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Japanese Whaling Fleet Departure Marked By Crisis

Whaling fleet attempts to sneak out of port under cloud of crisis

Tokyo, Japan, 17 2008: Greenpeace activists this morning marked the departure of Japan's whaling fleet from the port of Innoshima with banners reading "Whaling on Trial", another in Japanese outlining the whaling operation's multi-million dollar drain on Japan's taxpayers. The fleet had attempted to leave Japan quietly, following the cancellation of the traditional high-profile departure ceremony in its home port of Shimonoseki. Waved off only by the crew's families and whaling officials, the factory ship Nisshin Maru left Innoshima with no fanfare, with all reports suggesting a direct route to the Southern Ocean Whale Sanctuary [1].

It's been a week of crisis and confusion for the beleaguered whaling industry, fuelled by contradictory statements; Japanese media reported claims from sources within the whaling industry that it was cutting its self-appointed quota of whale kills by 20% [2]. This was later contradicted by Japan Fisheries Agency officials [3] who claimed the target of 935 minke whales and 50 endangered fin whales would be maintained.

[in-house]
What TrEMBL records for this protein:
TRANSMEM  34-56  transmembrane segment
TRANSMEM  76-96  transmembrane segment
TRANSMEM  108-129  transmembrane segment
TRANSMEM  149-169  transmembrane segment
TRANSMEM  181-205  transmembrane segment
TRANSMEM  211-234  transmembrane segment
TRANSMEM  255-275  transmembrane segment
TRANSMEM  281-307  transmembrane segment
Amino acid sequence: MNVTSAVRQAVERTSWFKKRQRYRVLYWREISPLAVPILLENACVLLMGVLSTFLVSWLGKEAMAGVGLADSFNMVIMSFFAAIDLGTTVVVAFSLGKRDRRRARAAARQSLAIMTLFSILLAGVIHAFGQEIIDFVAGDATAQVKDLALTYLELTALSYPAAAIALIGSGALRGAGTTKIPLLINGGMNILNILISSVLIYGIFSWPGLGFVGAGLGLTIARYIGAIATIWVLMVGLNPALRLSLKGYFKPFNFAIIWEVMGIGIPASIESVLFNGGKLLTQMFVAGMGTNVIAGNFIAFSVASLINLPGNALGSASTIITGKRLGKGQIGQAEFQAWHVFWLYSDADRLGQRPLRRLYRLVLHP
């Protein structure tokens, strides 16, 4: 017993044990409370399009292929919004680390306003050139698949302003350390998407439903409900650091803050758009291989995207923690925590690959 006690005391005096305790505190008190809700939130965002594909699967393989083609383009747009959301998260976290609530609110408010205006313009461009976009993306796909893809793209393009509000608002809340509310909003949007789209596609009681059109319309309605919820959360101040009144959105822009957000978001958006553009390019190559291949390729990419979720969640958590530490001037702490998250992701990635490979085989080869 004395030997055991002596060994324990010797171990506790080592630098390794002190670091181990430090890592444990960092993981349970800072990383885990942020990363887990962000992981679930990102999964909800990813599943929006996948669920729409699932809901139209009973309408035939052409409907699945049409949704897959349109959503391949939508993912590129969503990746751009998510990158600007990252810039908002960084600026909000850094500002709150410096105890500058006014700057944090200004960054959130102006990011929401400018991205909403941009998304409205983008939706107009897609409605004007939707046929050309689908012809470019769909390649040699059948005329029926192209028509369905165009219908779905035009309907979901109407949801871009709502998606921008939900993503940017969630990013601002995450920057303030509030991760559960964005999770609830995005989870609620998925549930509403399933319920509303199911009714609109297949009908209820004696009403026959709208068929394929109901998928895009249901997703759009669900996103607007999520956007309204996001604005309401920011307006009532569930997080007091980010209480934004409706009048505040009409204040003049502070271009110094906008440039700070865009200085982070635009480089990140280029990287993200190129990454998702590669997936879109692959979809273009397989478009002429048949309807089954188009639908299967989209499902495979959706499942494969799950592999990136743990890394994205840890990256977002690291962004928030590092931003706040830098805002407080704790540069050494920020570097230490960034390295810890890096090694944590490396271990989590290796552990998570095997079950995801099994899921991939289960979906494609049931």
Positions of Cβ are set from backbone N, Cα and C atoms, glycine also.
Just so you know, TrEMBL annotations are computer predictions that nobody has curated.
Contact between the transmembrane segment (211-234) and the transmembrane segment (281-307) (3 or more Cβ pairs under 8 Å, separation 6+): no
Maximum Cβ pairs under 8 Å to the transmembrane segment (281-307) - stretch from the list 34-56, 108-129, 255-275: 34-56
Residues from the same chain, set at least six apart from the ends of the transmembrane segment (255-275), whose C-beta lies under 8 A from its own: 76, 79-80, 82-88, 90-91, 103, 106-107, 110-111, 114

It was also revealed that for the first time, the fleet is sailing without an all-Japanese crew, with regular crew members unwilling to sail following this year's exposure of a whale meat embezzlement scandal [4] by a Greenpeace undercover investigation. Also this week, it was announced that 'Yushin,' the flagship whale meat shop and restaurant in Asakusa, Tokyo, will close down in 2010 due to ongoing financial problems [5]. The whaling fleet's refueling and cargo vessel, Oriental Bluebird was recently deflagged following a ruling by Panamian Authorities, which is expected to greatly impact the whaling fleet's capacity to transport whale meat back to Japan.